One of the most famous sportsmen of all time, and an often polarising figure, the legendary boxer Muhammad Ali, has died.
The sporting legend passed away yesterday aged 74 after being hospitalised with breathing problems last week. He leaves a wife, Lonnie, and nine children.
Ali had been hospitalized several times in recent years, most recently in early 2015 when he was treated for a severe urinary tract infection, initially diagnosed a month prior as pneumonia. He suffered from Parkinson’s disease since the 1980s, when he brought high profile attention to his diagnosis of the disease.
On April 9 this year he appeared at the annual Celebrity Fight Night dinner in Phoenix, which raises funds for treatment of the disease. He was photographed wearing sunglasses and looking frail.
His last public appearance prior to that was in October of last year when he appeared at the Sports Illustrated Tribute to Muhammad Ali at The Muhammad Ali Center in his hometown of Louisville, Kentucky.
He was joined by former opponents George Foreman and Larry Holmes at that event.
His third wife Veronica Porche also said in an interview on Friday that her two daughters with Ali, Laila and Hana, were on their way to see their father.
‘My daughters have both flown there and I will be hearing from them when they arrive at the hospital,’ Porche told Radar Online.
‘I can’t comment more than that but I will say it is not so great, I’ll just say that much. He’s a real hero. It’s a sad situation.’
Ali’s second wife, Khalilah, also said that one of her daughters was rushing off to see the boxer in the hospital.
Born Cassius Marcellus Clay Jr. on Jan. 17, 1942, Ali took up boxing at age 12, when his bike was stolen and he wanted to find and whip the culprit.
He was introduced to Joe Martin, a police officer who coached boxing at a local gym. Ali flourished in the ring, becoming a top amateur and Olympic gold medalist. He made his professional debut in Louisville and arranged for a local children’s hospital to receive proceeds from the fight. His decision alienated Ali from many across the U.S. and resulted in a draft-evasion conviction. Ali found himself embroiled in a long legal fight that ended in 1971, when the U.S. Supreme Court ruled in his favour.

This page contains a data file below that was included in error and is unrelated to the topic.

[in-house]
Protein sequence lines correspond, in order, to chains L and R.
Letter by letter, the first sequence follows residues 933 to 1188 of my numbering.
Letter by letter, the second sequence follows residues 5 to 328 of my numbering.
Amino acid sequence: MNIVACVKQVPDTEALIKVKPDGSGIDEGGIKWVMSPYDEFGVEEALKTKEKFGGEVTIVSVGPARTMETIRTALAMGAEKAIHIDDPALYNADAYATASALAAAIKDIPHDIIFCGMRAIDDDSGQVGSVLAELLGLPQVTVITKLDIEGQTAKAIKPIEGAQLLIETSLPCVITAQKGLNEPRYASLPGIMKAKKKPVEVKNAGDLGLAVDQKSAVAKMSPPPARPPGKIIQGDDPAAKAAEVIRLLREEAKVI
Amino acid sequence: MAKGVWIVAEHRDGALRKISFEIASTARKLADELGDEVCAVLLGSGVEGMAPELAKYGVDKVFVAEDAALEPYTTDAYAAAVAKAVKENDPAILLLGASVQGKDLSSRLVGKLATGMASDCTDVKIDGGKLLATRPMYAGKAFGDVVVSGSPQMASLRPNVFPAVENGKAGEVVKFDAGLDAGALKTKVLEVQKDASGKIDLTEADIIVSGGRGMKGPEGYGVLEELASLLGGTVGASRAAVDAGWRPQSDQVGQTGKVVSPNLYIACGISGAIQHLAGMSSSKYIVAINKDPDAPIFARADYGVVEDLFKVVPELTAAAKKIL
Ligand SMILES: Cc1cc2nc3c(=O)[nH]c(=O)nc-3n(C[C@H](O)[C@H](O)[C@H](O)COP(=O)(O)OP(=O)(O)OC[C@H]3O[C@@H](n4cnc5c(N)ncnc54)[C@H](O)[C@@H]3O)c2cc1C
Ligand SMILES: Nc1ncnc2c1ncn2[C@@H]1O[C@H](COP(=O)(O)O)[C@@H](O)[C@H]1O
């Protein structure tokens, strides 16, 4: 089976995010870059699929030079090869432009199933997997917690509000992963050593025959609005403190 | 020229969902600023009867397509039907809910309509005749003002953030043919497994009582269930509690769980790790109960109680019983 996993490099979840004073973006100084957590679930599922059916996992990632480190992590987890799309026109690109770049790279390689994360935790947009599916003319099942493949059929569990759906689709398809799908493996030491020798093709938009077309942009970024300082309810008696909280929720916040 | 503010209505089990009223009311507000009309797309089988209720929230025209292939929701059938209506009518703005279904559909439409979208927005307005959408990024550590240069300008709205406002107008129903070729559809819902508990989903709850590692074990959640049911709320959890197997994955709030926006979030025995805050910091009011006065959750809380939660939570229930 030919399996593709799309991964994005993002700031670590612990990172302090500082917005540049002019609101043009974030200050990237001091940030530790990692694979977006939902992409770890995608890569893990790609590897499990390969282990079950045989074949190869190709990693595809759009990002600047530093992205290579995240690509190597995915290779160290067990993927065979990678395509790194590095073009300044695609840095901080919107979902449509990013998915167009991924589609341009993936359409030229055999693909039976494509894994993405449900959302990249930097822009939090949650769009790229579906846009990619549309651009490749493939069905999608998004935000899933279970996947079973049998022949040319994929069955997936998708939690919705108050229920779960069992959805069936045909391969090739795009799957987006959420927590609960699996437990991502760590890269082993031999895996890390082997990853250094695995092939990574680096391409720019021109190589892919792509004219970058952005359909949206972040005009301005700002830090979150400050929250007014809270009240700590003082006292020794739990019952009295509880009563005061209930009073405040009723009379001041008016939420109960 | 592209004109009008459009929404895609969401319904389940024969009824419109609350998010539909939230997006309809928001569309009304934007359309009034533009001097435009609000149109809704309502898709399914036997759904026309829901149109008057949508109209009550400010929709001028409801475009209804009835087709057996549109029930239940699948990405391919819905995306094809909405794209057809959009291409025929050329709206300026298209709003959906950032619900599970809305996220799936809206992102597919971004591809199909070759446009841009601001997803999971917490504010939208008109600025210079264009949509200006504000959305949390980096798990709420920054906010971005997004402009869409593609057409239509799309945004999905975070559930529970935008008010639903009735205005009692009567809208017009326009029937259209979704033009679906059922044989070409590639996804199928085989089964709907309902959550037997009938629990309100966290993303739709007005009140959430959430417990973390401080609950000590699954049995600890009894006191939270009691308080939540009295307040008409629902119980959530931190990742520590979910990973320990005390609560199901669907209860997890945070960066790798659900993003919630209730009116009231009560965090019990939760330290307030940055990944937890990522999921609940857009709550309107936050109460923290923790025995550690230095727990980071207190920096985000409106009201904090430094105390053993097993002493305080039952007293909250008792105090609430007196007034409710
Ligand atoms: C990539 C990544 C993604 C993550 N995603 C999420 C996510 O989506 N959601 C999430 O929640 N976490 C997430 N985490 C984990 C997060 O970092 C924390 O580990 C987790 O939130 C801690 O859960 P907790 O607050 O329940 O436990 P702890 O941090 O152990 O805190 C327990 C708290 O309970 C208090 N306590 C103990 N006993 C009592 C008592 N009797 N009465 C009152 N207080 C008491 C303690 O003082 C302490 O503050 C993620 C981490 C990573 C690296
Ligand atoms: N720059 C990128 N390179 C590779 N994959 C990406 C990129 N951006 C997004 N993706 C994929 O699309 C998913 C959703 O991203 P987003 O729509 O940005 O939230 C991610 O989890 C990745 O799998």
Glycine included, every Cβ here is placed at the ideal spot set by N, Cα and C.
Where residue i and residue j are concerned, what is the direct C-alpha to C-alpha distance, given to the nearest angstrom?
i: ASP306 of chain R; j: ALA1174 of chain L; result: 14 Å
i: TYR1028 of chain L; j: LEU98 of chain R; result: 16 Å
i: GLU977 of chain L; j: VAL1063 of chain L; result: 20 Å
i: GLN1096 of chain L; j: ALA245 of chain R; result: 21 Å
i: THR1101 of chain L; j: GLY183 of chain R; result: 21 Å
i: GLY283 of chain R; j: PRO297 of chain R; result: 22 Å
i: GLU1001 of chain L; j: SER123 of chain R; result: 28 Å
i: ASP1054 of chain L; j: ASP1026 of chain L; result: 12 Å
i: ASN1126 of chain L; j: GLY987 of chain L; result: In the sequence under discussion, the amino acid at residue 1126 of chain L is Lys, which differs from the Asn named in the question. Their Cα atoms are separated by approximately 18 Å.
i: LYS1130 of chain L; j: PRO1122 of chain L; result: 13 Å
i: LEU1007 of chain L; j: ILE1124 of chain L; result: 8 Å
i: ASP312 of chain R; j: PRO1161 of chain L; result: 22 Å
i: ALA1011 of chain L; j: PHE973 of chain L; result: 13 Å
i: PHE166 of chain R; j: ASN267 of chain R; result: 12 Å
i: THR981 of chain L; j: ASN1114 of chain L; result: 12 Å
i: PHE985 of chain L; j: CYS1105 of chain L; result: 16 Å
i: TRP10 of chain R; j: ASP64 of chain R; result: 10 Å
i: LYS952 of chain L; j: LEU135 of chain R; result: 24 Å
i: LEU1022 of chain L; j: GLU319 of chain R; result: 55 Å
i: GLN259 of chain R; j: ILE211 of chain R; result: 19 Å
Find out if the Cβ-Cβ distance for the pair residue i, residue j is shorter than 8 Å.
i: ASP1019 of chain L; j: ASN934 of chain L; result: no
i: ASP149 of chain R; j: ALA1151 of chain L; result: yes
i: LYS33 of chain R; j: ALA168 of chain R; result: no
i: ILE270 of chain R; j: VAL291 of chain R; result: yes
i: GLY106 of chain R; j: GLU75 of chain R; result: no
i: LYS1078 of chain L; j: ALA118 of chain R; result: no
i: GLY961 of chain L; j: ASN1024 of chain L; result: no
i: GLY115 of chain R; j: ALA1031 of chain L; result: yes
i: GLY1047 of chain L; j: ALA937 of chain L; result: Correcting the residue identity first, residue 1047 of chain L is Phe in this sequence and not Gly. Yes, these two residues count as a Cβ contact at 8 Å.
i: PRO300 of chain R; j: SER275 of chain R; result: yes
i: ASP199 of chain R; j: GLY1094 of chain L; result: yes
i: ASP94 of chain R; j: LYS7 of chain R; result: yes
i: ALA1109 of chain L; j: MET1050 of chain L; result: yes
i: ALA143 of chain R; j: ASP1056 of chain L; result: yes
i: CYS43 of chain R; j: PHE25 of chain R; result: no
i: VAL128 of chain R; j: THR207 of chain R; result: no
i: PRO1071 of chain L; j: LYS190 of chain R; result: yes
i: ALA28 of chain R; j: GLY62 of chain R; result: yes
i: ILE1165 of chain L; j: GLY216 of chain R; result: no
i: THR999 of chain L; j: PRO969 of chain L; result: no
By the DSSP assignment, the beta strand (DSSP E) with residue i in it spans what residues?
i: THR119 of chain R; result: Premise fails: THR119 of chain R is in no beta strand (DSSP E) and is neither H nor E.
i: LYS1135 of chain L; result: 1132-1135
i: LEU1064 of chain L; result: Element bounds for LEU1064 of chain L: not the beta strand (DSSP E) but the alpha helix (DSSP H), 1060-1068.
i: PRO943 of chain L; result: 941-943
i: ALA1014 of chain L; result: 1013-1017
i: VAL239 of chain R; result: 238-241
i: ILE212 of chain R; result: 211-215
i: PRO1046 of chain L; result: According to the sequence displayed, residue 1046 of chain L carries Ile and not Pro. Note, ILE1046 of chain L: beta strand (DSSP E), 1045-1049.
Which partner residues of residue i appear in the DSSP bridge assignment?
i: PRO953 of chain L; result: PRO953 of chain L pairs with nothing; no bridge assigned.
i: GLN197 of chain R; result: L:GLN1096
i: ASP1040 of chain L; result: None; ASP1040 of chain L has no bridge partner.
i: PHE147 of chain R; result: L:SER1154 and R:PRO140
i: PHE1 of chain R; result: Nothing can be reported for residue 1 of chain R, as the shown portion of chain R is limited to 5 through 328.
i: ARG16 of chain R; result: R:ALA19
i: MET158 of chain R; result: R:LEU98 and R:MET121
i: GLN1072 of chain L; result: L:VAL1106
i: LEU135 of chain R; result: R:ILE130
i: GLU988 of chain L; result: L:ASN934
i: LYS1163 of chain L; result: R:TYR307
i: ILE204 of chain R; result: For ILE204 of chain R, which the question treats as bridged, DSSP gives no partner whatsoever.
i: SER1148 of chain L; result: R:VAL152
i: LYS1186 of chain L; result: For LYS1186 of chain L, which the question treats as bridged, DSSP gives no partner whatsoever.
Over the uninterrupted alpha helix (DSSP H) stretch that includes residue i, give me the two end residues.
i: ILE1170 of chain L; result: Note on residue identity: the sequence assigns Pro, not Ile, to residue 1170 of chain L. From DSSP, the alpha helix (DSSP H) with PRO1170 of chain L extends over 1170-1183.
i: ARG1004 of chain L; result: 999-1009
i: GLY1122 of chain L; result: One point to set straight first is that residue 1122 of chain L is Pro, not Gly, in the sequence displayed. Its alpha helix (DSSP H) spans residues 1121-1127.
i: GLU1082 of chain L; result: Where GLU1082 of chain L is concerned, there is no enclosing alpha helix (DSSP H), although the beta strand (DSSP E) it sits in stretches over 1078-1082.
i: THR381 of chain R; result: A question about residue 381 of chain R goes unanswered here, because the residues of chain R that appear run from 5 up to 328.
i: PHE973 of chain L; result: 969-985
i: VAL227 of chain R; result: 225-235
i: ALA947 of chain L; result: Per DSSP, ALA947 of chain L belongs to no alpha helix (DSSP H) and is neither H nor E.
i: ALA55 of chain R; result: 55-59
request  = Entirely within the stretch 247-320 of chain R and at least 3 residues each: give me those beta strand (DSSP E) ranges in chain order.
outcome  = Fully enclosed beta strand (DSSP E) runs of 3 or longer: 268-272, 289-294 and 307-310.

He lost his first bid to regain the heavyweight crown when Frazier knocked him down and took a decision in the ‘Fight of the Century’ at Madison Square Garden in 1971. Ali regained the heavyweight title in 1974, defeating Foreman in the ‘Rumble in the Jungle.’
A year later, he outlasted Frazier in the epic Thrilla in Manila bout. Ali’s last title came in 1978 when he defeated Leon Spinks.
After retiring from boxing in 1981, he devoted himself to social causes and travelled the world on humanitarian missions, mingling with the masses and rubbing elbows with world leaders.
Ali received the Presidential Medal of Freedom from President George W. Bush in 2005.
Writer Joyce Carol Oates said he was one of the few athletes in any sport to “define the terms of his public reputation”. He is famous for quotes such as, “Float like a butterfly, sting like a bee” and “I don’t have to be what you want me to be.”
He has been voted Sportsman of the Century by Sports Illustrated and BBC Sports Personality of the Year.
Rest in peace, champ.